My experience of ecumenism was a daily lived dialogue with non-Catholic chaplains with whom I was sharing limited space and resources. I learned, early on, that my role as a chaplain was to enable and facilitate the exercise of religious conscience of every sailor and Marine committed to my care. I expended as much energy and time facilitating the religious practice of non-Catholic personnel as I did providing sacraments, education, and worship for Catholic personnel. Rare is the Catholic priest in the civilian world who spends any time at all facilitating the religious practices of non-Catholics. But, the military chaplain is tasked with the responsibility of enabling the religious practices of all military personnel and their family members.
When a Protestant chaplain and a Catholic chaplain both want the 1000 time slot for their respective Sunday worship communities, it requires the wisdom of Solomon to accommodate both without favoring one. That is the ultimate test of Reconciliation and Ecumenism.
In the modern world of secularism, it is common to encounter people who disdain organized religion while claiming to be “spiritual.” This attitude seems to irritate a fair number of religionists. I have found that embracing my own spirituality and using it, rather than my religion, to dialogue with people who claim to be spiritual, is the best first step in evangelization. It is far more important that I, as a Catholic, live my spirituality rather I preach my religion. I will always be judged more by the way I live my life than by the words that come out of my mouth.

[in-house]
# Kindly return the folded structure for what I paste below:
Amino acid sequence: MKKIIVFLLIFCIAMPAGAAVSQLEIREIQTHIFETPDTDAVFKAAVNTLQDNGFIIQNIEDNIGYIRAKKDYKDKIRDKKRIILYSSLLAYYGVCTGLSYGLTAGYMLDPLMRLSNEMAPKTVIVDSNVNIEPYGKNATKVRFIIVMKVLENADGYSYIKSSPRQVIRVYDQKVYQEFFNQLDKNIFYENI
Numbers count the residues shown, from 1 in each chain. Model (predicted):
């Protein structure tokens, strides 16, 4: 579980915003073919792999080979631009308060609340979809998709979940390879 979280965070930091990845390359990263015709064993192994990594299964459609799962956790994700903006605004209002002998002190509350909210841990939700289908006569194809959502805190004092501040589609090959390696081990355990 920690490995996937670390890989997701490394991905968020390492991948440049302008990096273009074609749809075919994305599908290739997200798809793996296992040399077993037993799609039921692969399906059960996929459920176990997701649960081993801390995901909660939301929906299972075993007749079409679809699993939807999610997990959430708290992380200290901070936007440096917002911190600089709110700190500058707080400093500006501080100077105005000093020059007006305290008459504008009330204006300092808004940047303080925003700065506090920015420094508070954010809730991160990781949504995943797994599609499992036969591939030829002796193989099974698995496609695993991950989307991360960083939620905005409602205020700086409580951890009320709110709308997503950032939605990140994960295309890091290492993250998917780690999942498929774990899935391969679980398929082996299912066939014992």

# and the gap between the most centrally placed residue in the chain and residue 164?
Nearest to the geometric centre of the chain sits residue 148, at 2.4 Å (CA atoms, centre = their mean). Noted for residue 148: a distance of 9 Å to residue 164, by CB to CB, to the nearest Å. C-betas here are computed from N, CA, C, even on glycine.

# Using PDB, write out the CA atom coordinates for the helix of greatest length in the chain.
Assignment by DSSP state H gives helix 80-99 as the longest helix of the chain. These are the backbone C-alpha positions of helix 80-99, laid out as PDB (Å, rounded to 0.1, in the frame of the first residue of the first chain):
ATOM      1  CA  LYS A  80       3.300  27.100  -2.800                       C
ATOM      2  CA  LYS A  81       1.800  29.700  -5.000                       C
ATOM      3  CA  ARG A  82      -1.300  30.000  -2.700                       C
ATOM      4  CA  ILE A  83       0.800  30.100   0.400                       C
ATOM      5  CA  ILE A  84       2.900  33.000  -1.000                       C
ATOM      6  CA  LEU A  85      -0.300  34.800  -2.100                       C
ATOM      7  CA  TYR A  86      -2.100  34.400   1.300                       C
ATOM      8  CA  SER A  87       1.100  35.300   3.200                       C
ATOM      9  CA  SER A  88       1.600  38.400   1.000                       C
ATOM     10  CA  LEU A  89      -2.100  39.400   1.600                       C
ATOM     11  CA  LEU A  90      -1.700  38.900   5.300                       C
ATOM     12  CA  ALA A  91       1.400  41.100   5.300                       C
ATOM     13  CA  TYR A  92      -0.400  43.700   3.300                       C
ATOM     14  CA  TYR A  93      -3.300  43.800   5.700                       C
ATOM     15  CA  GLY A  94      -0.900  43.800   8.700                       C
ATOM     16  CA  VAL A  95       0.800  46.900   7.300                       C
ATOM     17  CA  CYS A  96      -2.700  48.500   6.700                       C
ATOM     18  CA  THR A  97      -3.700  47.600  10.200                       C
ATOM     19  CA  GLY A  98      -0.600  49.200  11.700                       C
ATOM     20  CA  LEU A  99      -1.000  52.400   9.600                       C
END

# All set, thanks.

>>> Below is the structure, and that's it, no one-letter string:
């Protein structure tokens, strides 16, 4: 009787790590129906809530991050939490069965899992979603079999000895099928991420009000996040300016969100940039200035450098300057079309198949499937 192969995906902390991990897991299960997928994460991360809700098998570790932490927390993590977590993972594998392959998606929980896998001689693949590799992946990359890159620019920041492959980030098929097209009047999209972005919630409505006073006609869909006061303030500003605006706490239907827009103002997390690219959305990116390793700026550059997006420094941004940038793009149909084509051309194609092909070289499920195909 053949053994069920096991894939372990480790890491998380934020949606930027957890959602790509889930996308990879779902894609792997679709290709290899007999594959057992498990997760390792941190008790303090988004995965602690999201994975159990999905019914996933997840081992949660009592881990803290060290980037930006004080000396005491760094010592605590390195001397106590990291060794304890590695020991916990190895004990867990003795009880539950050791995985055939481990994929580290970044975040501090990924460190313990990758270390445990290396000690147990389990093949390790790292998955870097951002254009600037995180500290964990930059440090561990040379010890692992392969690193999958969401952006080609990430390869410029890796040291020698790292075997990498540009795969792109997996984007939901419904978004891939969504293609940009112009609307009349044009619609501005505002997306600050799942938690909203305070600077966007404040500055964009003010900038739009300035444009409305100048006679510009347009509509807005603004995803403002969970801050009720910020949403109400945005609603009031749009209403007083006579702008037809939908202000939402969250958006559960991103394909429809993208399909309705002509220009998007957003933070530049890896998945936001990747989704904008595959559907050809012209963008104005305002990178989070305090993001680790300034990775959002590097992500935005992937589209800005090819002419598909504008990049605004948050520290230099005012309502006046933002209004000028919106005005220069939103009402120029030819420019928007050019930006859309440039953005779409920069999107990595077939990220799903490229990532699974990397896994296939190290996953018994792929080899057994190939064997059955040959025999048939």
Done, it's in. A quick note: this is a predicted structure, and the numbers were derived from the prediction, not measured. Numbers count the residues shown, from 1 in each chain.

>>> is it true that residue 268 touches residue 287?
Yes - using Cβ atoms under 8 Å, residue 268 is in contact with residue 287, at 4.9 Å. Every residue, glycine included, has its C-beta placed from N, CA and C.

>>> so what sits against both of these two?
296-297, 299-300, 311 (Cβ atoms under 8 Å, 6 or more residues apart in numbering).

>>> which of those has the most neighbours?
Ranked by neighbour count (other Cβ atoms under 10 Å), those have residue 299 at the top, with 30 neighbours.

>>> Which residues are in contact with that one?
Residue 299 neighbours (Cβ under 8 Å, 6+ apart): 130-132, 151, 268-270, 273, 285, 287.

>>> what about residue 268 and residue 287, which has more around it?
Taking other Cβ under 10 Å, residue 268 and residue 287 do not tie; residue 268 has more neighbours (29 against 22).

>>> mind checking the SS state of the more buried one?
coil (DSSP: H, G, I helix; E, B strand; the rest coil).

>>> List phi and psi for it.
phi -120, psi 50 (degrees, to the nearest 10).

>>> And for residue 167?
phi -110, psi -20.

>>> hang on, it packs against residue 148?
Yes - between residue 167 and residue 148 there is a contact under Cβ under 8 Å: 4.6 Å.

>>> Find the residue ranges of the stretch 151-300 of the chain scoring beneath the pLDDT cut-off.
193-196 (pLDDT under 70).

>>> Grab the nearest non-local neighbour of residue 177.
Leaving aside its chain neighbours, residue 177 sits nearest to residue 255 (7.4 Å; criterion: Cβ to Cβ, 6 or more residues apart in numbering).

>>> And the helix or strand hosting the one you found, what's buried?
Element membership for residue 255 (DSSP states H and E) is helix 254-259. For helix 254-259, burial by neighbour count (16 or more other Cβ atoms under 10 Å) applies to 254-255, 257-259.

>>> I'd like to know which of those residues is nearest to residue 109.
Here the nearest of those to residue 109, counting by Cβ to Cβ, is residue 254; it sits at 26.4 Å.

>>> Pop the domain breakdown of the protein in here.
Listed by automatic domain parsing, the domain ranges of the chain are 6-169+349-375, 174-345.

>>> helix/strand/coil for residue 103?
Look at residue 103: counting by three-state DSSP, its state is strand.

Military chaplaincy has made me a better man. I have learned that my best sermon is the one I preach with my actions rather than my words.
Most Catholic priests work in parishes where 90% of their weekly encounters are with church-going Catholics. This, unfortunately, brings about the un-intended consequence of considering those outside the tribe as different or even suspect. The military chaplain is forced to see all members of the military community, (warriors and their family members), as co-equals, regardless of their faith or lack there-of.
The best military chaplains I met along the way are those who bent over backwards to ensure that I was able to provide the best services to my Catholic flock. Their example taught me to do the same for my non-Catholic fellow chaplains.
I recall working at a Marine base in Southern California where the Protestant chaplain was horrified to learn that the Wiccan community was requesting space in the Protestant chapel to hold services. He would not hear of it. I suggested that he send representatives of the Wiccan community to me. The representatives explained that they had found a religion that celebrated their “pre-Christian” spirituality. Their services involved venerating the basic elements of nature as a manifestation of the benevolence of God. They used water, candles, incense. They sang and they danced. I told them that they would be most welcome to use the conference room of the Catholic chapel for their services. They never did. Instead, I noticed that two of them began to attend Sunday mass. They were both fallen-away Irish American Catholics who found Wiccanism as a way of asserting their independence from their family history. Ecumenism-Evangelism-Reconciliation: The trifecta of Paulist mission. Military chaplaincy provided me the absolute best opportunity to exercise my Paulist vocation.